by Guest Blogger: Jonathon Cabot
“Do what you can, with what you have, where you are.”
–usually attributed to Teddy Roosevelt
Let’s say you’ve made the decision to get stronger and/or fitter. Good on you. As long as a boy is still allowed to dream, let’s also say you’ve heeded my sage advice and are willing to give your training an honest go without necessarily being cloistered in a chrome and mirror-covered commercial gym. What is it we *do* need at this point, assuming we’ve already met those intangibles like the will and the guts to get started? Right here, right now? That would be just a few square feet of clear real estate on the floor.
The familiar and loathed pushup. Remediation measure numero uno in just about any boot camp environment or paramilitary academy you’d care to name (that wouldn’t be a pledge pin on your uniform, now would it, mister?). The old standby in PE classes, back when such programs were still commonplace, at least. The classic calisthenic that represents a key, albeit somewhat misguided, event in many an official fitness test, including (as of this writing) all but one of the PFTs for the armed forces of the United States.
So why the pushup as the upper body drill of choice? In the case of the largely bygone era of physical education in public schools, this exercise was, much like the gym teachers themselves tended to be, both cheap and cruel. All you really need is some ground and you’re in business. Much the same can be said for the brainwave of the American military–seems the physical fitness tests were also developed by the lowest bidder. While there are indeed superior measures of upper body strength and endurance that we *should* be testing our troops with, they also invariably require more time to cycle a group of participants through, not to mention some form of equipment, and also personalized coaching for quality control purposes. To say nothing of the unfortunate truth that oftentimes, the military is just plain stupid. They’ve been using pushups as the standard for so long, their minds would simply shut down to even contemplate any other method. And it is with a heavy heart I say that it just ain’t likely to change anytime soon. For this reason, among others, the grim reality is that getting and staying strong is entirely up to the individual soldier.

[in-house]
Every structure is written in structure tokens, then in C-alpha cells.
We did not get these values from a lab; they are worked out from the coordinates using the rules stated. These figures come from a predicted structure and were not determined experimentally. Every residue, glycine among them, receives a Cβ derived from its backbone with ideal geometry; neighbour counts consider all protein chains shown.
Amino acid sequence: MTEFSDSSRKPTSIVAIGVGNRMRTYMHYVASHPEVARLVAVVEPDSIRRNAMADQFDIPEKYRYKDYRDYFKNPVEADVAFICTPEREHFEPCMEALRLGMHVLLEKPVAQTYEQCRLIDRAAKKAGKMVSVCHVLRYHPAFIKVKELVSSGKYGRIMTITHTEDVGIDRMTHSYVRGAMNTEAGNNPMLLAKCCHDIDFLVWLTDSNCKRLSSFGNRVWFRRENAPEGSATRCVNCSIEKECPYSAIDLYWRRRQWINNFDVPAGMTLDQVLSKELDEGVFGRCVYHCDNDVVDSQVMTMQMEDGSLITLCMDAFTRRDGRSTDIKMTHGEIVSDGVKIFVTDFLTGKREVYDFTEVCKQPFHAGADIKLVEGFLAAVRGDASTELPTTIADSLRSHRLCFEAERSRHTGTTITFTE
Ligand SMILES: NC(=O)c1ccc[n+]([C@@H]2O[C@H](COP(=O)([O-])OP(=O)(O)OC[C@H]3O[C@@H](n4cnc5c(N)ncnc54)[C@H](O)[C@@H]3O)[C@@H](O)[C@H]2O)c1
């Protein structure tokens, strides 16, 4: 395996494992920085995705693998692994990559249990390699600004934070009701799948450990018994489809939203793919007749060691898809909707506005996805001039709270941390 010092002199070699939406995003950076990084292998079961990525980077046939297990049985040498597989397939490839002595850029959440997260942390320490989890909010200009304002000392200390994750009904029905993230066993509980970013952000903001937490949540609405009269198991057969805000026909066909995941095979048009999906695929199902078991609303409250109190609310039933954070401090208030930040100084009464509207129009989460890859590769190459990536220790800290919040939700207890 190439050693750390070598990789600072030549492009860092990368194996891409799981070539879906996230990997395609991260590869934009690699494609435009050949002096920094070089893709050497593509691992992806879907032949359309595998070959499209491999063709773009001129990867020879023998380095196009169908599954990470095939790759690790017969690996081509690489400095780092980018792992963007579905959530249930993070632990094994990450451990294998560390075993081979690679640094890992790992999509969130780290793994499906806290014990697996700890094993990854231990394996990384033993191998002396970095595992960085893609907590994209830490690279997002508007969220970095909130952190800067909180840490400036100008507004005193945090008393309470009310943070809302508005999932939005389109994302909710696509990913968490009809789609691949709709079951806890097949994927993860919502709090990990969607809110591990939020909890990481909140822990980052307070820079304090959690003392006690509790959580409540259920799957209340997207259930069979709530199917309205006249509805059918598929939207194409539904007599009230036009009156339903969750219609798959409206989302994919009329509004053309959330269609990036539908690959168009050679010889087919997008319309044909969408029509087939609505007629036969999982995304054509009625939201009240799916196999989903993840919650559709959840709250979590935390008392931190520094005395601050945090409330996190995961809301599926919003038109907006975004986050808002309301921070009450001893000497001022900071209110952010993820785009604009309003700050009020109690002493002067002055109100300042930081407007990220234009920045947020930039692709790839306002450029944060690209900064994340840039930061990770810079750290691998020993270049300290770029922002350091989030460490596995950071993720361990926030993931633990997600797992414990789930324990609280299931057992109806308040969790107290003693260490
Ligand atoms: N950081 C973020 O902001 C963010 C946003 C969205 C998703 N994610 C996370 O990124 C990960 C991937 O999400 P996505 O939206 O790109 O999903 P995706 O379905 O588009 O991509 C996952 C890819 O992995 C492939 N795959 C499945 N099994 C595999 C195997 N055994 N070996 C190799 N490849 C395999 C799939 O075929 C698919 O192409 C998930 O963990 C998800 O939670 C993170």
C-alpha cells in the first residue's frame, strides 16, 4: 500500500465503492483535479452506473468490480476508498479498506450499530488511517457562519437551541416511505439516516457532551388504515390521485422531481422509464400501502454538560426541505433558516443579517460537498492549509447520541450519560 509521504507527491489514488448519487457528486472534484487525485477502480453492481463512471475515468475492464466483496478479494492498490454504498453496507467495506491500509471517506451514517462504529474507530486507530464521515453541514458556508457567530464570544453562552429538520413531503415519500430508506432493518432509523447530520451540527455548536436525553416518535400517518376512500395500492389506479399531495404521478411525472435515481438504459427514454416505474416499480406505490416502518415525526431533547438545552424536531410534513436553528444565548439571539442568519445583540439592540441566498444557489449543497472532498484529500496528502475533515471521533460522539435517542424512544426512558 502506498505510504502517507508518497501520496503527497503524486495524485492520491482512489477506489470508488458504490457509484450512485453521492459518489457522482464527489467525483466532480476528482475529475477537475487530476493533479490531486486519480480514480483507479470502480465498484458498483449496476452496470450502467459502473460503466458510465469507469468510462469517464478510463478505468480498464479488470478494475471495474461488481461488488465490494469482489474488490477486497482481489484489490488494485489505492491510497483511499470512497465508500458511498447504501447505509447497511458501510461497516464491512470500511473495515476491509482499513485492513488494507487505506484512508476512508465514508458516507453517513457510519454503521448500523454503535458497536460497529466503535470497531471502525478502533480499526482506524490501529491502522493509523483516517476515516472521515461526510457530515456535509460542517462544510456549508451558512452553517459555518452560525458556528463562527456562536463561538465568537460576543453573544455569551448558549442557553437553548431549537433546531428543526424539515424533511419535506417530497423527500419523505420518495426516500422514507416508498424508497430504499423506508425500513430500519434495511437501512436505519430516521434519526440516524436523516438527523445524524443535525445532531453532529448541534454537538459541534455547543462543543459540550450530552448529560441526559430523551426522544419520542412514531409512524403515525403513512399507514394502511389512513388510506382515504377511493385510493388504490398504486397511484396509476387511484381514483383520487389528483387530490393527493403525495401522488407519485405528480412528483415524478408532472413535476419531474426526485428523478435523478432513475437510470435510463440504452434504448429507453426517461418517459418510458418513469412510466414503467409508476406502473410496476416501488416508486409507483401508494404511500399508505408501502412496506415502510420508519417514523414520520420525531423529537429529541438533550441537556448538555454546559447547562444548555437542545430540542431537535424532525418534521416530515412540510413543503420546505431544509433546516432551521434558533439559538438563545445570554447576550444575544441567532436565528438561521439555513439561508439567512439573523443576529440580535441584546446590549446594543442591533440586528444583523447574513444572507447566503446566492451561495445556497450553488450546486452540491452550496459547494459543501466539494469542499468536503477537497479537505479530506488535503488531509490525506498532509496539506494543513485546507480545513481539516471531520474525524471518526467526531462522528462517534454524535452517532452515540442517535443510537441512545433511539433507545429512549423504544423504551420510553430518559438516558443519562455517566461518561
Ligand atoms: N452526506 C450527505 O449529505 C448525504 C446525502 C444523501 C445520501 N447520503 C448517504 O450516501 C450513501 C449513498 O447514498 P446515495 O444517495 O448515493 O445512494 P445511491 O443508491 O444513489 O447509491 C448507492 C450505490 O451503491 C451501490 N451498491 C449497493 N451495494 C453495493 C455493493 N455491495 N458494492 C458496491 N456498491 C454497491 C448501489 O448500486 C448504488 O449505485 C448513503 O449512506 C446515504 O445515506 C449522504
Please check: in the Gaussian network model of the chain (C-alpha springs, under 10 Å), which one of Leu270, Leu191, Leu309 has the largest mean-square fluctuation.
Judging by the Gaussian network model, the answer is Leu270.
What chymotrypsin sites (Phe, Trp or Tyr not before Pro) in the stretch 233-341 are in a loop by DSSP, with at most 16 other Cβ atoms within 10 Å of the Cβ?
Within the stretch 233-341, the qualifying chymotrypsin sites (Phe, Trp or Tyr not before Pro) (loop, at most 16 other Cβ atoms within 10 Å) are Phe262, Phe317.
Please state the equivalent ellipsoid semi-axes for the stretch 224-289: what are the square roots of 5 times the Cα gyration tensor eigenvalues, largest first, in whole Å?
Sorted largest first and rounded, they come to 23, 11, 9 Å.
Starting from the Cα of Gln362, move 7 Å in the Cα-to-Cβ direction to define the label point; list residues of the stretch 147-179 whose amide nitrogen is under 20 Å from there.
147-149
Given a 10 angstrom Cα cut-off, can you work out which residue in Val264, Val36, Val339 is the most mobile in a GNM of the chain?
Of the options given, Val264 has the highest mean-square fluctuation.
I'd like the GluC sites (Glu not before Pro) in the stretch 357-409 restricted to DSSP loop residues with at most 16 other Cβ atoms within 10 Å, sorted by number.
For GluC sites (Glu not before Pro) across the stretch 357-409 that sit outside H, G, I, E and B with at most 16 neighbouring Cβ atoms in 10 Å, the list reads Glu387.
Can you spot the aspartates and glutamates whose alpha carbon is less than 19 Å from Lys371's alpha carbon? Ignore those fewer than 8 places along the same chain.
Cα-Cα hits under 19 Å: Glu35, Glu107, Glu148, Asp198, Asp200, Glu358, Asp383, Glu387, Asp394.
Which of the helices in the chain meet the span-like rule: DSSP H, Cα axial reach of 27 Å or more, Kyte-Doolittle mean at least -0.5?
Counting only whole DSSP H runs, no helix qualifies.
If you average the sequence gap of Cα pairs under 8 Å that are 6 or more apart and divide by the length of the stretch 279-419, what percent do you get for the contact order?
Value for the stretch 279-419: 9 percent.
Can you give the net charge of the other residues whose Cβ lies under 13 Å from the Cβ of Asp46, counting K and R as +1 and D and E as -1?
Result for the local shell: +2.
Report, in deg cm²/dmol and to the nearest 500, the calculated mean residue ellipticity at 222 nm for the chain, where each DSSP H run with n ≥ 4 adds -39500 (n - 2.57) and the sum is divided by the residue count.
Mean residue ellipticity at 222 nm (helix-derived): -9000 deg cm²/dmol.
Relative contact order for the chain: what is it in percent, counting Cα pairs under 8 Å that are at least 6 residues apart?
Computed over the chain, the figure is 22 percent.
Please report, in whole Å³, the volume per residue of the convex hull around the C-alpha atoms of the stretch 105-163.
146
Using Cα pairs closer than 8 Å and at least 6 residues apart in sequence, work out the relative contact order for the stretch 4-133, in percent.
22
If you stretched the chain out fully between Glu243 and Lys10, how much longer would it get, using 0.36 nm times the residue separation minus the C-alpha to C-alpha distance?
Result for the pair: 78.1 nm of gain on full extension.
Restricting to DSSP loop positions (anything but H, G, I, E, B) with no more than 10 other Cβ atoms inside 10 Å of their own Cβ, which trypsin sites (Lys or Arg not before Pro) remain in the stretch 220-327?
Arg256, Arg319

From the above paragraph, one might be lead to believe that pushups are persona non grata in my training philosophy. Not so. However, I would encourage anyone, in particular those seeking to increase their physical strength (which should include everyone that draws breath–there is no earthly reason to desire being nor remaining weak) to regard the standard two-armed pushup as an elementary exercise intended to be mastered, before progressing to more difficult variations. When is this mastery achieved? While we could ask ten trainers for their thoughts and come away with ten very different opinions (or perhaps less, since we can probably toss out “get the hell away from me” as anything of value), if you’re asking for my $0.02 on the matter, I would suggest these two benchmarks:
– 20 strict repetitions at a tempo of 2 seconds down, followed by a 1 second pause in the bottom position (chest lightly touching the deck), and 2 seconds back up to arms locked
– 50 strict repetitions in 60 seconds or less.